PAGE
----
When you think of great first laps in Formula 1 you inevitably bring Ayrton Senna’s at the 1993 European Grand Prix to mind.
But last weekend’s Hungarian Grand Prix saw a pair of scintillating starts – and I reckon one of them was better than Senna’s.
Let’s take a look at all three in detail.
Ayrton Senna – 4th to 1st at the 1993 European Grand Prix, Donington Park
Senna’s first lap at Donington Park in 1993 achieved instant near-legendary status. His intuitive feel for the levels of grip at a little-used British track on a cold, wet spring morning saw him outstrip rivals in far better machinery.
Redgate – Senna is squeezed by Michael Schumacher and falls to fifth behind Karl Wendlinger.
Craner Curves – Accelerating out of Redgate, Senna passes Schumacher.
Old Hairpin – Despite the rain Senna moves alongside Wendlinger on the outside of the Craner Curves and passes him into Old Hairpin.
McLean’s – Senna dives down the inside of Damon Hill’s Williams to take second.
The Esses – Alain Prost misses the apex at the first part of the chicane allowing Senna to close in.
Melbourne Hairpin – Although Prost squeezes him a little, Senna is cleanly past for the lead.
Goddards – With a clear track ahead of him, Senna begins to pull clear.
Michael Schumacher – 11th to 4th at the 2006 Hungarian Grand Prix, Hungaroring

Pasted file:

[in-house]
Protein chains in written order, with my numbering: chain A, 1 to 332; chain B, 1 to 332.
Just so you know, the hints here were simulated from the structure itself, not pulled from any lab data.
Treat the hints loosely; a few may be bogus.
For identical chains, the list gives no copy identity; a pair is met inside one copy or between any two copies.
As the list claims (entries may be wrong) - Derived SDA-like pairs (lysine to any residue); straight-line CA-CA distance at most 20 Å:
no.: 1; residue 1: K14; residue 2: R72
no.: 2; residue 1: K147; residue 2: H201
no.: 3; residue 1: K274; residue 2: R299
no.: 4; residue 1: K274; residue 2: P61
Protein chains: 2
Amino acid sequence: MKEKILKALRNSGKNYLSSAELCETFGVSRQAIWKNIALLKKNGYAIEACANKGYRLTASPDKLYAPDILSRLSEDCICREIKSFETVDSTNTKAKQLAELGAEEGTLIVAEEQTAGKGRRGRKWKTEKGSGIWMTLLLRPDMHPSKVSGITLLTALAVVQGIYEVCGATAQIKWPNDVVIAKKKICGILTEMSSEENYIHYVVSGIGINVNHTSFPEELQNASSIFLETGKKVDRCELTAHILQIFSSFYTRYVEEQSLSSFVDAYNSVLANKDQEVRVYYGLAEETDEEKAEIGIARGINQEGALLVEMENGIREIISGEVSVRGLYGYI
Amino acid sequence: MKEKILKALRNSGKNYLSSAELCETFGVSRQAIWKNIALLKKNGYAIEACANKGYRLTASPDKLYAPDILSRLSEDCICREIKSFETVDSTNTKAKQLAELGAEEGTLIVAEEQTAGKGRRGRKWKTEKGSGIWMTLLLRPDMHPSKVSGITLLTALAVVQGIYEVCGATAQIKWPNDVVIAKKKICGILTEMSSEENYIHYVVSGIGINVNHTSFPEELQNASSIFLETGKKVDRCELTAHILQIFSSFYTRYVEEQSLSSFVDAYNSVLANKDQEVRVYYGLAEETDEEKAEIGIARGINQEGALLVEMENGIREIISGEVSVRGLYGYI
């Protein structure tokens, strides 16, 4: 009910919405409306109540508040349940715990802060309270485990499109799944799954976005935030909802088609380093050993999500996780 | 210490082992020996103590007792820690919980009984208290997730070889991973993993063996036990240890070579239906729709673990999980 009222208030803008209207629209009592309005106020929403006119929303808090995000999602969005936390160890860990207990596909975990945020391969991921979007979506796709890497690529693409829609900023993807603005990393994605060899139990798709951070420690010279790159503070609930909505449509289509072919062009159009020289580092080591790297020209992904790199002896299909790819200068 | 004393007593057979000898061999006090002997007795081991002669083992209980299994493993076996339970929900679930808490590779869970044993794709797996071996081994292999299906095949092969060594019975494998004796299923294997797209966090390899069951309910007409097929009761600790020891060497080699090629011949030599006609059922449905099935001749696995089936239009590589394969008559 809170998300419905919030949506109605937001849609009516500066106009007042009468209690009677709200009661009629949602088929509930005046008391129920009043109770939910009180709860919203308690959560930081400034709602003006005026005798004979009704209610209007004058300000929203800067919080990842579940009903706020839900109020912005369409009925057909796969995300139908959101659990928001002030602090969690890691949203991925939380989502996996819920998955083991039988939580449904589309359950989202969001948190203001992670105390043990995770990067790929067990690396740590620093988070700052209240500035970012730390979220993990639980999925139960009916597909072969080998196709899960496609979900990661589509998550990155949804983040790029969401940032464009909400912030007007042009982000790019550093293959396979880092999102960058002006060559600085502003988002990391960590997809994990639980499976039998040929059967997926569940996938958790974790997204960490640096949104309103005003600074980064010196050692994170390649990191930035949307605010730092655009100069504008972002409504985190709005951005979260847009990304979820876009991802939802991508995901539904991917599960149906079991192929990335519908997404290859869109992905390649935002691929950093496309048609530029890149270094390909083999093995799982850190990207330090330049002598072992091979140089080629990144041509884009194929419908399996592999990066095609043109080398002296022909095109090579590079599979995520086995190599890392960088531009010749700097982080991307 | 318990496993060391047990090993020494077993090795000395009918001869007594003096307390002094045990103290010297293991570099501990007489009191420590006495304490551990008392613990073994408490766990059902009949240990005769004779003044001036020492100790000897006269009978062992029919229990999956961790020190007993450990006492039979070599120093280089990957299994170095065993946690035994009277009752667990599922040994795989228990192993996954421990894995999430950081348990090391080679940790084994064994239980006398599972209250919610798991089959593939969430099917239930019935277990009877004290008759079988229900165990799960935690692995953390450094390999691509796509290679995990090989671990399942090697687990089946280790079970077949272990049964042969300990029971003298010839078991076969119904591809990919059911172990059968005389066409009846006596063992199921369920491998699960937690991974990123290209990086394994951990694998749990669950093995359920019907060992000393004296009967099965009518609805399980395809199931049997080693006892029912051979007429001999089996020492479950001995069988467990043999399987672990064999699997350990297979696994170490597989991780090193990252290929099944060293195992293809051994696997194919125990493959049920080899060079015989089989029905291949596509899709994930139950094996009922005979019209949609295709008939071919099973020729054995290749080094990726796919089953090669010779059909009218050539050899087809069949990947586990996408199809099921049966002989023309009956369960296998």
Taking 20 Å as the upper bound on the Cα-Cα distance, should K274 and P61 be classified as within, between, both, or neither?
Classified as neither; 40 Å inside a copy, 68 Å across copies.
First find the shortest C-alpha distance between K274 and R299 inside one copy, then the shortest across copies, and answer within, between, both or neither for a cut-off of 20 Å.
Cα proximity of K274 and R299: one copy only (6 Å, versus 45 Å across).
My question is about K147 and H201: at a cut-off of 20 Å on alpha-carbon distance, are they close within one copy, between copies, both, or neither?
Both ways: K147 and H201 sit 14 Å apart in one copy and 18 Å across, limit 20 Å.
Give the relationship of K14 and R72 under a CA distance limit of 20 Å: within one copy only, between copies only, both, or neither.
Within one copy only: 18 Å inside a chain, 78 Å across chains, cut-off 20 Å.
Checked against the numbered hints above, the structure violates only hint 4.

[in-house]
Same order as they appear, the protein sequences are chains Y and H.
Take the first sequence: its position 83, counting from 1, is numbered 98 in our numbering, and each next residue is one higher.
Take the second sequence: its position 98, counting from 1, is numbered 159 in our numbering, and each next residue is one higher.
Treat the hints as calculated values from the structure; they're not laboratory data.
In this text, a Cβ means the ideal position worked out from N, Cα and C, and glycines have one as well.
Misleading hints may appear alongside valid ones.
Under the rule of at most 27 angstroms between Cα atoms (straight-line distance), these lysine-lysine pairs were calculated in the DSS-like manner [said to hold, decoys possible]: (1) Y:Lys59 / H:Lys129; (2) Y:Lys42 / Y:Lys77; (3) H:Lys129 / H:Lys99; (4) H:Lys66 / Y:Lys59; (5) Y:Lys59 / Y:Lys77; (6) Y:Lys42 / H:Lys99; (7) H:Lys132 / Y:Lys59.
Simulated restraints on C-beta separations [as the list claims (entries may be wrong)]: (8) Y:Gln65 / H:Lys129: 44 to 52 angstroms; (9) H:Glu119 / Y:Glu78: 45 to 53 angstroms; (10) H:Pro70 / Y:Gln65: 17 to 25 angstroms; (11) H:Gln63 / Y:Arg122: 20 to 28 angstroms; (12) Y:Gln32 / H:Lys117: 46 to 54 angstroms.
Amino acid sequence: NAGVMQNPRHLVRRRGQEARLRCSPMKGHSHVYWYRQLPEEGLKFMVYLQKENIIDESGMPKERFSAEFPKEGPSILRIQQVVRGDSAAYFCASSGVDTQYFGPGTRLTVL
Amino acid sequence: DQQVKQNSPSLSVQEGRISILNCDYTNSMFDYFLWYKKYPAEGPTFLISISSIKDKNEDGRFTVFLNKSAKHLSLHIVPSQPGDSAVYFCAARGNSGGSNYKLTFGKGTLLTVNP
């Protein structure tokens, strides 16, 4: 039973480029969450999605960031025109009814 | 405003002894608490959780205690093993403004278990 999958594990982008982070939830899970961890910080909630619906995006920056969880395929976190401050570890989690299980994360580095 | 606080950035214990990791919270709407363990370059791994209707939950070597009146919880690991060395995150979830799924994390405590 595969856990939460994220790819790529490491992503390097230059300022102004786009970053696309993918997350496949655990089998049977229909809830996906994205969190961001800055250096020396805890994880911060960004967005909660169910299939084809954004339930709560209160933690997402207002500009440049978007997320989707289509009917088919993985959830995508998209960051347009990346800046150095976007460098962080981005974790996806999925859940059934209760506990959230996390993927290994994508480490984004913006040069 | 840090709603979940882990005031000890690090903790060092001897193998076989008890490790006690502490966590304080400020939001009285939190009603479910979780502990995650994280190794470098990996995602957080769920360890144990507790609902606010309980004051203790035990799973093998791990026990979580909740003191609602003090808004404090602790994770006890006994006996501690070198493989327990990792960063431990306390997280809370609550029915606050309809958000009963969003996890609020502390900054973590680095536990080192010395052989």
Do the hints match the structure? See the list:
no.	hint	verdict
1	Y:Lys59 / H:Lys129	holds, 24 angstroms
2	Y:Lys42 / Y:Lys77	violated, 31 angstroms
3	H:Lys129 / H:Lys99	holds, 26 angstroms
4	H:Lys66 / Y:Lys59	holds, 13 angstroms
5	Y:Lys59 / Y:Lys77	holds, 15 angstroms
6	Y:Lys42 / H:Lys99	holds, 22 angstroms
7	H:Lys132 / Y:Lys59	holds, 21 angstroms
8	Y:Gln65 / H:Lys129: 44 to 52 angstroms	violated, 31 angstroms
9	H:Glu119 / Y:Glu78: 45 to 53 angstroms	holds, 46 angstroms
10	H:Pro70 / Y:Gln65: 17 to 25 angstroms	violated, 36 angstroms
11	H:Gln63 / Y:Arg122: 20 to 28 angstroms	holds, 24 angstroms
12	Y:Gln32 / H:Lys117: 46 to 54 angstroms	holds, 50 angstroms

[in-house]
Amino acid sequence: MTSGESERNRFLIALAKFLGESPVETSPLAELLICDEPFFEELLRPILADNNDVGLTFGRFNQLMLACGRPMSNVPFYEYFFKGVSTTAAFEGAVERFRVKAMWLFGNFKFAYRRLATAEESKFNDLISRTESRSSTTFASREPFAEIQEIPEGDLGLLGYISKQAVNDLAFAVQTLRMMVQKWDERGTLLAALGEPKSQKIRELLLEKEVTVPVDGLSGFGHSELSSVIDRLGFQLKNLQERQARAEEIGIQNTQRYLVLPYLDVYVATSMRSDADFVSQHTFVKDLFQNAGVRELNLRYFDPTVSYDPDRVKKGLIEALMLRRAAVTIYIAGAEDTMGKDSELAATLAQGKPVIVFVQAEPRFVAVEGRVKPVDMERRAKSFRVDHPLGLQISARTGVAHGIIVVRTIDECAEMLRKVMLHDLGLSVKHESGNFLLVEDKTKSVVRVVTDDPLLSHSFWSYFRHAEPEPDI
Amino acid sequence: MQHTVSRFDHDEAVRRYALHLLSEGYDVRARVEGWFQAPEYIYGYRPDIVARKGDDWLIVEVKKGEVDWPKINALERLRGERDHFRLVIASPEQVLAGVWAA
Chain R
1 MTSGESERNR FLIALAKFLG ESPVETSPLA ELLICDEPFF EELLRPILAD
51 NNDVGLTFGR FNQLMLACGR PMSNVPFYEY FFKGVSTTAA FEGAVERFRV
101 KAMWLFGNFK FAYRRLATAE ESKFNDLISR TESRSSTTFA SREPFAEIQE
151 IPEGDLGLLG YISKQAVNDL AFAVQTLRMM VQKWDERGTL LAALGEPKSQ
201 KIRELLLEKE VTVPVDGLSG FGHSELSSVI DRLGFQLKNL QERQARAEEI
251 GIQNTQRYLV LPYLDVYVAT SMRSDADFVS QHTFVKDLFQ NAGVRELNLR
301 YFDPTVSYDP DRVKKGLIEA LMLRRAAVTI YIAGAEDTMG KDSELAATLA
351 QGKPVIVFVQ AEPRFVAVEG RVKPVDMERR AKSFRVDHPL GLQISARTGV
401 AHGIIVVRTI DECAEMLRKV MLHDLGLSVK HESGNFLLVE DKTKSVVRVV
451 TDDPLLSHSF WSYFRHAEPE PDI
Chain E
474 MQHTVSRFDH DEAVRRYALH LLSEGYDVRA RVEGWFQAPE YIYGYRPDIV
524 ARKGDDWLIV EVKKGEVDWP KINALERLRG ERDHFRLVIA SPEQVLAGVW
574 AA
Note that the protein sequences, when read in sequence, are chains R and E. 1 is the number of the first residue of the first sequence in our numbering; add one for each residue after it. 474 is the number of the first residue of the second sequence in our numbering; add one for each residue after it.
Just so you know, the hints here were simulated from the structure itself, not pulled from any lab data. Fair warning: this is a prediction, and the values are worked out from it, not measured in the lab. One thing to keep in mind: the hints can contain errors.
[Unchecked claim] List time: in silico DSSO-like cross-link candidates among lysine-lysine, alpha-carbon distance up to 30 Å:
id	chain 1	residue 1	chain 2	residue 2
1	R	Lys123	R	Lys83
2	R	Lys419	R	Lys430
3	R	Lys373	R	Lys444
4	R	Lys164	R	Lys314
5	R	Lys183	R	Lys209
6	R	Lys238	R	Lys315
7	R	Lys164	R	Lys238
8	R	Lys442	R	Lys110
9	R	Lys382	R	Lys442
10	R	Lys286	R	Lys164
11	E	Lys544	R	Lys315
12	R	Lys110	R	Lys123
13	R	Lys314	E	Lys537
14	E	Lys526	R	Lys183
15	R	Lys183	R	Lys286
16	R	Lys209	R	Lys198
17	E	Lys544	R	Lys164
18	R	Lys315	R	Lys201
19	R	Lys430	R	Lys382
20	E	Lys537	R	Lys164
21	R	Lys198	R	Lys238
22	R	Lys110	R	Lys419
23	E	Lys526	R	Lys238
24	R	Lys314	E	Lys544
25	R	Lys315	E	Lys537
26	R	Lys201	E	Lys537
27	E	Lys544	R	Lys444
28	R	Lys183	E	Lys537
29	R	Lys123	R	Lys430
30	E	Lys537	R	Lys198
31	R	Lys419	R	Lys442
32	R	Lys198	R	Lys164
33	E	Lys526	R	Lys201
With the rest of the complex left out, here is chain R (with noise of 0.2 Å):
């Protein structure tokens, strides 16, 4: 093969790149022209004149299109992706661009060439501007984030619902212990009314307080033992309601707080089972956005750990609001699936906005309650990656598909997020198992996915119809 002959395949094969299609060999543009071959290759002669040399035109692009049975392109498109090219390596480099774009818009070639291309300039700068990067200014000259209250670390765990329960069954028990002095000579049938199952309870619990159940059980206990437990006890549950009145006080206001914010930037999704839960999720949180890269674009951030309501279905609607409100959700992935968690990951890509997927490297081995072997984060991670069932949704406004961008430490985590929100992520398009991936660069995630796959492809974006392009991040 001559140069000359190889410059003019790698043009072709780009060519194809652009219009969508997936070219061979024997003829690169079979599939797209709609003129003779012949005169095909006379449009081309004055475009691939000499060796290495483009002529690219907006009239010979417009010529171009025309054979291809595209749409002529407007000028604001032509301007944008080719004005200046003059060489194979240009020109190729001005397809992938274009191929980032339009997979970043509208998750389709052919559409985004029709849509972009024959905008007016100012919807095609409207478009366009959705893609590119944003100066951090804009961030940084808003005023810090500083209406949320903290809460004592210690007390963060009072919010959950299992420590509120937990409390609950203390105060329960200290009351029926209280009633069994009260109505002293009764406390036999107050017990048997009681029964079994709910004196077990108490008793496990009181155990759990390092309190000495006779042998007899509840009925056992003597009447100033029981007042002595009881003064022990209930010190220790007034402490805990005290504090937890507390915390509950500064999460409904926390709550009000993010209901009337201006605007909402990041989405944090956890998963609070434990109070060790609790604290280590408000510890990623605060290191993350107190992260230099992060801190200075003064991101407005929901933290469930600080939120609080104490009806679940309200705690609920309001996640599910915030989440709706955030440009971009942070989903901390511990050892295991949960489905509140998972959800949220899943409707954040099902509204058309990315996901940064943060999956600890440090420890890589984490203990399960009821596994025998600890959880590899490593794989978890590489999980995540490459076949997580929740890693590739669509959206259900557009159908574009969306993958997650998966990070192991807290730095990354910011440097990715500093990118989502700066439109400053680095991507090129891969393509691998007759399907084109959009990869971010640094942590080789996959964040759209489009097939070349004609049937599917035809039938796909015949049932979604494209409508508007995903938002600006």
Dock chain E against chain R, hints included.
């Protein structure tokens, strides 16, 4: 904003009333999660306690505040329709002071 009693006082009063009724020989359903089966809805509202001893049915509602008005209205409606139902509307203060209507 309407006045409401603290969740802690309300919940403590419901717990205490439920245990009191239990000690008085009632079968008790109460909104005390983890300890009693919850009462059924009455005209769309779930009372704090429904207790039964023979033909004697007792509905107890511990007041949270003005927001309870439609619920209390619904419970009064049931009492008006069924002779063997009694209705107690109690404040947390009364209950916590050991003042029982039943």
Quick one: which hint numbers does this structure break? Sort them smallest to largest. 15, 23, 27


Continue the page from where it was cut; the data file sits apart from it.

Turn 1 – Schumacher stays hard to the left of the track and picks up five places around the outside of the first corner.
Turn 3 – Felipe Massa appears to slow Giancarlo Fisichella so that Schumacher can pass him around the outside.
Turn 5 – Massa runs wide allowing Schumacher and Fisichella past.
Fernando Alonso – 15th* to 6th at the 2006 Hungarian Grand Prix, Hungaroring
Turn 1 – Alonso, employing the exact same tactics as Schumacher ahead of him, tries to stay left. But his progress is impeded by David Coulthard’s Red Bull, which briefly forced Alonso onto the grass. He is 11th as the cars accelerate out of turn one.
Turn 3 – Alonso is sandwiched between Nick Heidfeld to his right and Mark Webber to his left. He passes Webber.
Turn 4 – Heidfeld ahead touches the rear of David Coulthard’s Red Bull and Alonso takes Heidfeld.
Turn 6 – Alonso drives around the outside of Coulthard. As he passes the Red Bull he has a look up the inside of Robert Kubica’s BMW into the chicane but can’t make it through.
Turn 10 – Alonso moves from the outside of turn nine to seize the inside for turn ten, displacing Kubica.
Turn 15 – Alonso employs a similar move to dart up the inside of Felipe Massa’s Ferrari to take sixth.
*Christian Klien qualified ahead of Alonso but started from the pits instead of his grid slot.
It’s fair to say that Schumacher didn’t do as much wheel-to-wheel passing, but from a standing start into the first corner in gain of five positions was astounding.
Senna’s first lap at Donington was amazing and, being a chapter in the Senna-Prost rivalry, it will always be remembered.
But Alonso’s breathtaking display on the first lap of the Hungaroring was, for me, even better.
Under critical championship pressures he put his car on the limit corner after corner. His final pass, on Massa, was closest of all, and all the more remarkable considering that Ferrari would probably have welcomed an ‘unfortunate collision’ between the two.
I hope when Formula One Administration compile the material for the 2006 season review they put both Schumacher and Alonso’s laps in. They provided more entertainment in 4.3km than some entire Grands Prix this year.